Mary Elizabeth Boylan was born in Plattsburgh, New York, in February 1913. Her father, John, was a mainstay of the community, serving as district deputy of the Knights of Columbus for four years, president of the chamber of commerce for two years, and general manager of the Mountain Home Telephone Company. In 1924, when Mary was 11, the family moved to Rochester, New York, where her dad became president of the Rochester Telephone Company three years later. » Continue Reading.
The Clinton County Historical Association is hosting their Annual Art Show and Book Fair Fundraiser, on Saturday, October 15th. The art show will showcase the work of some of Clinton County’s most recognized artists. Items available for purchase will include paintings, pottery, photographs, stained glass, and acrylics, all of which are original creations by the artist. All of the proceeds from artwork sales will go to the artist.
There will also be hundreds of books for sale, including new and out-of-print publications from the Clinton County Historical Association’s archives. Both events are free and open to the public, and will take place from 10 am to 4 pm at the City of Plattsburgh Recreation Center, Community Room, located at 52 U.S. Oval in Plattsburgh. » Continue Reading.
Adirondack North Country Gender Alliance is co-sponsoring a LGBTQ Pride Parade in Plattsburgh, on Saturday, October 1, 2016, from 1 to 4 pm.
The event begins in Trinity Park and is free and open to the public. It will include musical performances, a variety of guest speakers, and other entertainment. Event participants will then march from Trinity Park to Plattsburgh State University of New York campus for additional speakers before returning to Trinity Park. » Continue Reading.
On Saturday, August 20th, the Clinton County Historical Association (CCHA) will be partnering with City of Plattsburgh Historian John Krueger to offer a Walking Tour of the historic Plattsburgh Barracks.
Starting the tour with the 1609 discovery of Lake Champlain, the tour will explore Lake Champlain’s military history that led to the Battle of Plattsburgh, paving the way for what is known today as the Plattsburgh Barracks/Post or, as to most locals, the Old Base.
Once housing the Army, Navy and Air Force, the Plattsburgh Barracks is a monument to the Plattsburgh’s military past. » Continue Reading.
Five years ago Plattsburgh Farmers and Crafters Market co-manager Bonnie Gonyo started the annual Kids Day as a way to introduce the local farmer market to visitors and area residents. The event has grown bigger and better each year, adding activities and giveaways for children of all ages.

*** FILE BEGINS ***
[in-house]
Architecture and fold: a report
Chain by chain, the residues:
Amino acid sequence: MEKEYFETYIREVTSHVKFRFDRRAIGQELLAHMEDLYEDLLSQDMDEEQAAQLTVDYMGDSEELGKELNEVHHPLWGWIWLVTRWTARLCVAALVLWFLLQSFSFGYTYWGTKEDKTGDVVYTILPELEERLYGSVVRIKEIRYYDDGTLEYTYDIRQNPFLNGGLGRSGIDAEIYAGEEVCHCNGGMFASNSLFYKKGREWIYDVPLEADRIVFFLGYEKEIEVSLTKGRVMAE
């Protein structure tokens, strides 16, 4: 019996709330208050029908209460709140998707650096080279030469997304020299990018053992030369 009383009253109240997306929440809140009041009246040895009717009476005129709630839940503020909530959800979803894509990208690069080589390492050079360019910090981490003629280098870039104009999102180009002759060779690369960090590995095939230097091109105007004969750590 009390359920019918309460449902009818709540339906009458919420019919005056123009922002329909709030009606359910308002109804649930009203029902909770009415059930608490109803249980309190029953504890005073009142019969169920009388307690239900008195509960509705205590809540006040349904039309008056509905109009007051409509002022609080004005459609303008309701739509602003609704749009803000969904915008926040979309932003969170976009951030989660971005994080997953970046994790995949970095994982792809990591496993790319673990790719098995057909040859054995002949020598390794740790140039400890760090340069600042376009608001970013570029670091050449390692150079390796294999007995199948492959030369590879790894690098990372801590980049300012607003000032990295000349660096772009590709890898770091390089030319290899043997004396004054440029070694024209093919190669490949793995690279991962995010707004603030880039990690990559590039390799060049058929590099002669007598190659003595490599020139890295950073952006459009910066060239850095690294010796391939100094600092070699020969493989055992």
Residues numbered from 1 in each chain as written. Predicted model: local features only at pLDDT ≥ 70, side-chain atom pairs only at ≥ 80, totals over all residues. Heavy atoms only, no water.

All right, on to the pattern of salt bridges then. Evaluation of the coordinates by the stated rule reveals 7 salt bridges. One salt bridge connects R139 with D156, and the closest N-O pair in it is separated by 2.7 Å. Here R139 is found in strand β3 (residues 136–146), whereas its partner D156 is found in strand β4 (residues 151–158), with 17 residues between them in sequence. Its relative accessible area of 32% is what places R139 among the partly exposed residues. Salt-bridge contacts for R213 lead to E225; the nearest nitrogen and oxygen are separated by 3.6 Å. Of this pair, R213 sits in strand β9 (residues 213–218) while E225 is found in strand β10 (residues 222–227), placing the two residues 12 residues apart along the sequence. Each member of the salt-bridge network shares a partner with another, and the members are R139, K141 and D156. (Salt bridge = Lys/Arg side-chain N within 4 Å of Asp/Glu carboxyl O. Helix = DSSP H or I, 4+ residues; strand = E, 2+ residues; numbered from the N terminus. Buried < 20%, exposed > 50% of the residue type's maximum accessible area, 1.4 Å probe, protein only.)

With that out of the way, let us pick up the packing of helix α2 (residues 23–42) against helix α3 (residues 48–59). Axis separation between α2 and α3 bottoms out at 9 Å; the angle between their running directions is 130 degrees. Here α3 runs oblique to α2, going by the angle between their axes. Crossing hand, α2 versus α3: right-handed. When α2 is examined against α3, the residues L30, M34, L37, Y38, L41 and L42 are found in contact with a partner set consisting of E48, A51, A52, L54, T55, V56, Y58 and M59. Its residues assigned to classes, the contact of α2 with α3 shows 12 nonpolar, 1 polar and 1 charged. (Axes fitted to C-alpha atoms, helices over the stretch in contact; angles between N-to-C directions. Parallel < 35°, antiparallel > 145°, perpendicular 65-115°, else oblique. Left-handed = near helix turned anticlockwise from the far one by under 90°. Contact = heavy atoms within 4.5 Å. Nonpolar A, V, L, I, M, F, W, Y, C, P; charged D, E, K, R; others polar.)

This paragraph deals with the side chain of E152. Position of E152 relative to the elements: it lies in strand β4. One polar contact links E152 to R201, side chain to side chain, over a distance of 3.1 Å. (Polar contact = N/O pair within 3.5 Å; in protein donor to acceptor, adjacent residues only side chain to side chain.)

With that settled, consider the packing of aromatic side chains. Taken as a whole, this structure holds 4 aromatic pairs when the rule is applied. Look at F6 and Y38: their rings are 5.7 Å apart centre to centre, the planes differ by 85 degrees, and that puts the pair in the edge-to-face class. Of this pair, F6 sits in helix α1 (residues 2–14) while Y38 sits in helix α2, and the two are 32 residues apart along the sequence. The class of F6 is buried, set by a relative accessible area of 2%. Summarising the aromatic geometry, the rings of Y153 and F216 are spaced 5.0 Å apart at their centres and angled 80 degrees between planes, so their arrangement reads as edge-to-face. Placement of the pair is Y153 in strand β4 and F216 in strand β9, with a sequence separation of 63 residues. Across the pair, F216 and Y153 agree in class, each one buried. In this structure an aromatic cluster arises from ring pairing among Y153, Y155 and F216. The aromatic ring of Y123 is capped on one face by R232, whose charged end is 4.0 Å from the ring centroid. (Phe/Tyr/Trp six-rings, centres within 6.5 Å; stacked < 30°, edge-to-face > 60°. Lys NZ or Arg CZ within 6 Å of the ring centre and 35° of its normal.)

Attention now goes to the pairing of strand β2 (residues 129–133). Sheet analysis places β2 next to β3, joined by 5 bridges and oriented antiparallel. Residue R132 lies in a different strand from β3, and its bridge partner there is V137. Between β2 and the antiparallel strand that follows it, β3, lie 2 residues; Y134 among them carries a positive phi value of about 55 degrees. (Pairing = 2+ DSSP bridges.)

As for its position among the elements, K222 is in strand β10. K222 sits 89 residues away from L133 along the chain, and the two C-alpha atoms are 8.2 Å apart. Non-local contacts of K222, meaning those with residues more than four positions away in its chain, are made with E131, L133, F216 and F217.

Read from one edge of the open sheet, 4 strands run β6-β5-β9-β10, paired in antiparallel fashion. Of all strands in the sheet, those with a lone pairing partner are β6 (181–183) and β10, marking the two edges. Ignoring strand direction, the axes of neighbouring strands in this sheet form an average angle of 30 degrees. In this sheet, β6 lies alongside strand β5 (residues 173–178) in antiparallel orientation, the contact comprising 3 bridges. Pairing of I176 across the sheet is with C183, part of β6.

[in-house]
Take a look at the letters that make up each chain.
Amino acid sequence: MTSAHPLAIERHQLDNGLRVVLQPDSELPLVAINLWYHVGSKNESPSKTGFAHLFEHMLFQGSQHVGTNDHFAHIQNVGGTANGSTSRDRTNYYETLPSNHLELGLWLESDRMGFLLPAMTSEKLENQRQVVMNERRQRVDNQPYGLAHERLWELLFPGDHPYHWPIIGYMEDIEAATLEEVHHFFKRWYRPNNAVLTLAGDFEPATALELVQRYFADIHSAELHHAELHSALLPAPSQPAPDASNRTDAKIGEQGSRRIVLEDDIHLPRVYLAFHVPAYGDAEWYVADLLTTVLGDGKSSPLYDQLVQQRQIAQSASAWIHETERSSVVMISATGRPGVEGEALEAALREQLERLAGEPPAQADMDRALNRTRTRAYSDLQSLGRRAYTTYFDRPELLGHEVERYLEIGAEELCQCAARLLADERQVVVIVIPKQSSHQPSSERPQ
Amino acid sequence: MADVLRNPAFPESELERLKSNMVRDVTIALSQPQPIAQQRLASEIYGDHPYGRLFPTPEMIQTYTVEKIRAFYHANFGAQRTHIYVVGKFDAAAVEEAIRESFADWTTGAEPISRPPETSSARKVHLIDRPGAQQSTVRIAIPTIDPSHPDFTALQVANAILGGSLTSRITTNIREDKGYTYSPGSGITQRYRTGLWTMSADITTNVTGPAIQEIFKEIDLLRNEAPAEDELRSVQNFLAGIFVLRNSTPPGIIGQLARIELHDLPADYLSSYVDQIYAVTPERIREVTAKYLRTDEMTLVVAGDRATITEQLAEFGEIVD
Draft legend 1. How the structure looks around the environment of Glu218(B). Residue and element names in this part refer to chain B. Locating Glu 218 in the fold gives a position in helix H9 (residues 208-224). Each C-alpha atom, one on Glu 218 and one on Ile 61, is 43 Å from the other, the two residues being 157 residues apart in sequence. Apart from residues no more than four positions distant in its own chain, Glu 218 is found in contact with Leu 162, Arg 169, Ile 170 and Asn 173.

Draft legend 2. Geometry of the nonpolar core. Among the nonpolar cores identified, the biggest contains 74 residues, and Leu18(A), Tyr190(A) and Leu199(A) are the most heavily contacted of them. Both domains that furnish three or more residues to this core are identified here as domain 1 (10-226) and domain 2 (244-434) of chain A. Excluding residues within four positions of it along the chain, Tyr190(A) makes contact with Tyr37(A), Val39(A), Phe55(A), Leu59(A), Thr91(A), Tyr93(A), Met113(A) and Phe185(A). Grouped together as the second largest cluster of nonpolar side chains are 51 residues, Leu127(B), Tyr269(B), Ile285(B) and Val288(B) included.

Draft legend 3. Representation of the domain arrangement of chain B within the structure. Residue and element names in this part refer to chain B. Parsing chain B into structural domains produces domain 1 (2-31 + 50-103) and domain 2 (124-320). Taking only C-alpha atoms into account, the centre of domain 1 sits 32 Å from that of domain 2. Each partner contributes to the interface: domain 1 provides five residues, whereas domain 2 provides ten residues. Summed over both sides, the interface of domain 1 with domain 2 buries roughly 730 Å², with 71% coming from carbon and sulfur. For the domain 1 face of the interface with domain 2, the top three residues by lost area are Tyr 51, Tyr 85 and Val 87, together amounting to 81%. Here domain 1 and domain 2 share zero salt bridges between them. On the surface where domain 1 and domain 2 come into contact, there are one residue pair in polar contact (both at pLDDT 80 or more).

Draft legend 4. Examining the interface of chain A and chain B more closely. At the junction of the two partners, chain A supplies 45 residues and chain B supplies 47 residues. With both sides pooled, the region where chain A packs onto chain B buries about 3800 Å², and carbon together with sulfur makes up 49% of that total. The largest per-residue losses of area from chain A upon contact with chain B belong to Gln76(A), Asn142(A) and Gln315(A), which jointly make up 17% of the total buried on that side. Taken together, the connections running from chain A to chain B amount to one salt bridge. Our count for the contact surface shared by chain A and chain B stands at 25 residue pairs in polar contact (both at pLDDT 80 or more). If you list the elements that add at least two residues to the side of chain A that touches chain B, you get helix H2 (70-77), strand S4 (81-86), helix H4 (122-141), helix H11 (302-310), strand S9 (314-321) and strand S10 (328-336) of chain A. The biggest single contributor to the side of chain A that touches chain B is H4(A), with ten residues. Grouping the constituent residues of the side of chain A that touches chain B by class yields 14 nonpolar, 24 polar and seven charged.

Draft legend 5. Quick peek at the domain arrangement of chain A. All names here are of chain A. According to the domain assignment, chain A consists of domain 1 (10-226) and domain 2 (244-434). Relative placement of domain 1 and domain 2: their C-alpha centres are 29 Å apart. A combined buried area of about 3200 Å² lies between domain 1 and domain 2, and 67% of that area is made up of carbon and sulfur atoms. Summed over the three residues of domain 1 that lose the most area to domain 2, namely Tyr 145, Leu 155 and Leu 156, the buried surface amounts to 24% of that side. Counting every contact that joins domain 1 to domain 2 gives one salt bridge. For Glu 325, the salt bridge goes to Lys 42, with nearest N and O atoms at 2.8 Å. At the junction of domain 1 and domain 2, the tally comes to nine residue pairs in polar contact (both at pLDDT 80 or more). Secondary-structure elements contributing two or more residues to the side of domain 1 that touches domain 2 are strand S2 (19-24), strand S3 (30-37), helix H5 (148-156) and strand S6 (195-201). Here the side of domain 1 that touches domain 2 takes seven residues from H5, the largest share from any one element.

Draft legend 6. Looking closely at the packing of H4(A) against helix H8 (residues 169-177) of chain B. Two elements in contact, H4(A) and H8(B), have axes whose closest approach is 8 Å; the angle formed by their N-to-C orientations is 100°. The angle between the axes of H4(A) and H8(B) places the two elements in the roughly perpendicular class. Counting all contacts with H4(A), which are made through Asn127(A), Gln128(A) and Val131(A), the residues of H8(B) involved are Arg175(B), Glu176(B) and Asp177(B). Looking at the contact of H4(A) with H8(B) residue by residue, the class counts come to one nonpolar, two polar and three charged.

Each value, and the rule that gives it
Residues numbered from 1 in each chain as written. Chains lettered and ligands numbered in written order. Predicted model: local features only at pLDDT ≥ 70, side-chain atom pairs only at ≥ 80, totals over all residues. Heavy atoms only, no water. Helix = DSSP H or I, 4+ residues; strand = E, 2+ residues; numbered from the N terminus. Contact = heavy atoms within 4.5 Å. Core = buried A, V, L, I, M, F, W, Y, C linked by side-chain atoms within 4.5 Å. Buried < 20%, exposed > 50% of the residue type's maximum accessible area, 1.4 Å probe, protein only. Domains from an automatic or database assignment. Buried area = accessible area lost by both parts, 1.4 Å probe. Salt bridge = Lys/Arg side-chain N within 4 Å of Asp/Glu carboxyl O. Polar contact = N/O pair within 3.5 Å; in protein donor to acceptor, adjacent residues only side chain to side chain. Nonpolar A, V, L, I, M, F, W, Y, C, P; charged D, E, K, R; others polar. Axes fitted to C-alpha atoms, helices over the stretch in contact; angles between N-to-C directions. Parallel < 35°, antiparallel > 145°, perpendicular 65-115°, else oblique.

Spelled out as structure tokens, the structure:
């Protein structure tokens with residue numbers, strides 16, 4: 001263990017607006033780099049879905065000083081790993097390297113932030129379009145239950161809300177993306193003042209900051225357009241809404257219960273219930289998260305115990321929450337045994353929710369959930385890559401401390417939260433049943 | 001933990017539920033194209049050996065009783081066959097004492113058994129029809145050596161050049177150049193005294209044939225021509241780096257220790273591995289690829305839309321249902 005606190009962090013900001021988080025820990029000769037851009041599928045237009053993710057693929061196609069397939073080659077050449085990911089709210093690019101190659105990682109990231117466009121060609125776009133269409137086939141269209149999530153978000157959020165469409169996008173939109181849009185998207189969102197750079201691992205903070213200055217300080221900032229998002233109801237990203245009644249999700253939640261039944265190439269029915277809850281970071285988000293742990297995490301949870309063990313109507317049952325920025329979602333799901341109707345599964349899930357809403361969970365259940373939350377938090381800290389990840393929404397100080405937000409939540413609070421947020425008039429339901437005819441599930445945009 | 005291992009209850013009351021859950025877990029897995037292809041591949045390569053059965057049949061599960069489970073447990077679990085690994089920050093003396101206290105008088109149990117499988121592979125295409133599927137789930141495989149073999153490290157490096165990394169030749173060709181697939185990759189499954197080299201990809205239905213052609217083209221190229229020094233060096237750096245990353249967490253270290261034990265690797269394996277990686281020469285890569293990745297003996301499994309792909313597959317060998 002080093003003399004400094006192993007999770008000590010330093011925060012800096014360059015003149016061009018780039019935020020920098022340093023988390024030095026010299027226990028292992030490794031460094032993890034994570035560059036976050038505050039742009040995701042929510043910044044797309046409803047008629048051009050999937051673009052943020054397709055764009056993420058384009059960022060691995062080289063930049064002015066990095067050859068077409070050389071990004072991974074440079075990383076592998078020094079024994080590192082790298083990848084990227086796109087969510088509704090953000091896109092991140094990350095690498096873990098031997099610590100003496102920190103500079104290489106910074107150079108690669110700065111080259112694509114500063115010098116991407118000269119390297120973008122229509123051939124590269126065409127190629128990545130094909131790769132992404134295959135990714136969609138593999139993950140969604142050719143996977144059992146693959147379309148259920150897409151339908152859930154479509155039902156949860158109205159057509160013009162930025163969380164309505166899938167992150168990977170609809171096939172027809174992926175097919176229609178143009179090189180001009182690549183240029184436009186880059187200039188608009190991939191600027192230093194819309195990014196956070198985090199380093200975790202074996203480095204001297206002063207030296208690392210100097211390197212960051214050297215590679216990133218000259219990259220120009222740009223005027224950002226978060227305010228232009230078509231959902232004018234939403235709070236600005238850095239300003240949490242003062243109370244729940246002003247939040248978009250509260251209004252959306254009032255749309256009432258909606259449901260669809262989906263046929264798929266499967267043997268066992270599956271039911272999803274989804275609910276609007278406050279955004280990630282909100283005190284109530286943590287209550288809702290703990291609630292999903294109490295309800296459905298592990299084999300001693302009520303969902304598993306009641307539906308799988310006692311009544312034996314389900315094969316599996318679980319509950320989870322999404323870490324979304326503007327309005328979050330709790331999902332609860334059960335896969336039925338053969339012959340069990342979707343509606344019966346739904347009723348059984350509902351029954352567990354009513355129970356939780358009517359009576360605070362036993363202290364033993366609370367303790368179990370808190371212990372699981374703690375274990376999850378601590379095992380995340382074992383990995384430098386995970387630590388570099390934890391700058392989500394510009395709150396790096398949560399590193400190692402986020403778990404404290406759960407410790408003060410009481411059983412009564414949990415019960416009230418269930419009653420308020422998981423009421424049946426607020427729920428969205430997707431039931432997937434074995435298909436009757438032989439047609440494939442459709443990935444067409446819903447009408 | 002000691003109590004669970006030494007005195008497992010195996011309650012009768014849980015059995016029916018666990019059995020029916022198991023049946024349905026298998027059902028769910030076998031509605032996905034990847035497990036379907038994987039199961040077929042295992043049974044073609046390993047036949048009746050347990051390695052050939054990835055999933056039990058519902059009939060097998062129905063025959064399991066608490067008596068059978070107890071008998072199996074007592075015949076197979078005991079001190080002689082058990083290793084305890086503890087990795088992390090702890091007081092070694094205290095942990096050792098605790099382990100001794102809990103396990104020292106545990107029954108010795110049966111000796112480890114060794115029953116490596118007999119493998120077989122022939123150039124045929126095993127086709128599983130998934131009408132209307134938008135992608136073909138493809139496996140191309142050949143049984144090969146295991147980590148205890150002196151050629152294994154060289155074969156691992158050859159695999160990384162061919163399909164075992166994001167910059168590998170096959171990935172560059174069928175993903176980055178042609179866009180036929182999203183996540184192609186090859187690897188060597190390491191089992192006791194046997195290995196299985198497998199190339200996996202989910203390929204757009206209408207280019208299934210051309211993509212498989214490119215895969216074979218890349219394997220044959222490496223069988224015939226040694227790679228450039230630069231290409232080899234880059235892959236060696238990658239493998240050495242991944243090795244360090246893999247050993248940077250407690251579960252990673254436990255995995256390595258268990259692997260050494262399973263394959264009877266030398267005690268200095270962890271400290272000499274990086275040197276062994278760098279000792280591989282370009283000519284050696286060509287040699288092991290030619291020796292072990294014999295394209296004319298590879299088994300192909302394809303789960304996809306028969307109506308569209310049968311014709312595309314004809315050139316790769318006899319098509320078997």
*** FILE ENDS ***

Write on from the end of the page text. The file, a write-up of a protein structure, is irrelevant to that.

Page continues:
“This is our fifth anniversary so we have some special things planned,” says Gonyo. “I start planning this event in February. It takes time because we bring in a variety of organizations from the Girls Scouts to Mountain Lake PBS. This year we have a little 5th anniversary tote bag for the kids. It was illustrated by Speedy Arnold who also plays the guitar and writes his own music. I’m so excited to see those dancing veggies on the tote bag.” » Continue Reading.
Folks in Essex and Franklin Counties, but in Clinton County most of all, are mourning the death last Wednesday of beloved historian, author, and media legend Gordie Little, undoubtedly one of the North Country’s best friends ever. Media legend? How else does one define the impact of 36 years on the radio, followed by nearly two decades of newspaper columns for Plattsburgh’s Press-Republican and recent columns in Denton Publications, while also hosting weekly programs on cable-access television? And through it all, he promoted the entire region at every opportunity.
Gordie wasn’t just on the radio: for thousands every day, he was radio. Shortly after joining WIRY in Plattsburgh back in the early 1960s, he was voted the top DJ among 12 competitors from area stations, earning for him a Golden Mike award. The fans had spoken, and he never looked back, making radio his life. The morning birthday show on WIRY became a regional classic. Many of us heard our birthdays announced back then, and heard Gordie do the same for our own children decades later. Families woke up to his voice daily, learning all the local news as we readied for school or work. (And he was always there, working more than 30 years before throat surgery forced him to take his first sick days.) Listeners will never forget his humorous, self-deprecating catch phrase: “Gordie Little – Who’s He?” » Continue Reading.
The Adirondack Coast Cultural Alliance (ACCA) again celebrates Museum Days throughout the Adirondack Coast from June 4-5, 2016, inviting visitors and residents to explore the area’s wealth of museums, galleries, and cultural organizations.
For these two days, participating locations will offer free admission, including demonstrations, exhibits, hands-on activities, and more. As the backdrop for many historical events and happenings, lakeside villages, charming hamlets and the historic city of Plattsburgh, the Adirondack Coast offers visitors the opportunity to relive some of the most pivotal moments in our country’s history. » Continue Reading.
The City of Plattsburgh has been trying out new events every other month as well as growing its ongoing activities, according to City of Plattsburgh Events and Promotional Coordinator Sandra Geddes. Organizing an event around St. Patrick’s Day came naturally, she said.
“We hold an event every other month and we wanted to plan this activity near St Patrick’s Day” says Geddes. “We want people to come, wear lots of green and enjoy all the games, food an music and kids and adults.” » Continue Reading.
The Adirondack Almanack's contributors include veteran local writers, historians, naturalists, and outdoor enthusiasts from around the Adirondack region. The Almanack is the online news journal of Adirondack Explorer. Both are nonprofits supported by contributors, readers, and advertisers, and devoted to exploring, protecting, and unifying the Adirondack Park.
General inquiries about the Adirondack Almanack should be directed to Almanack founder and editor John Warren.
To advertise on the Adirondack Almanack, or to receive information on rates and design, please click here.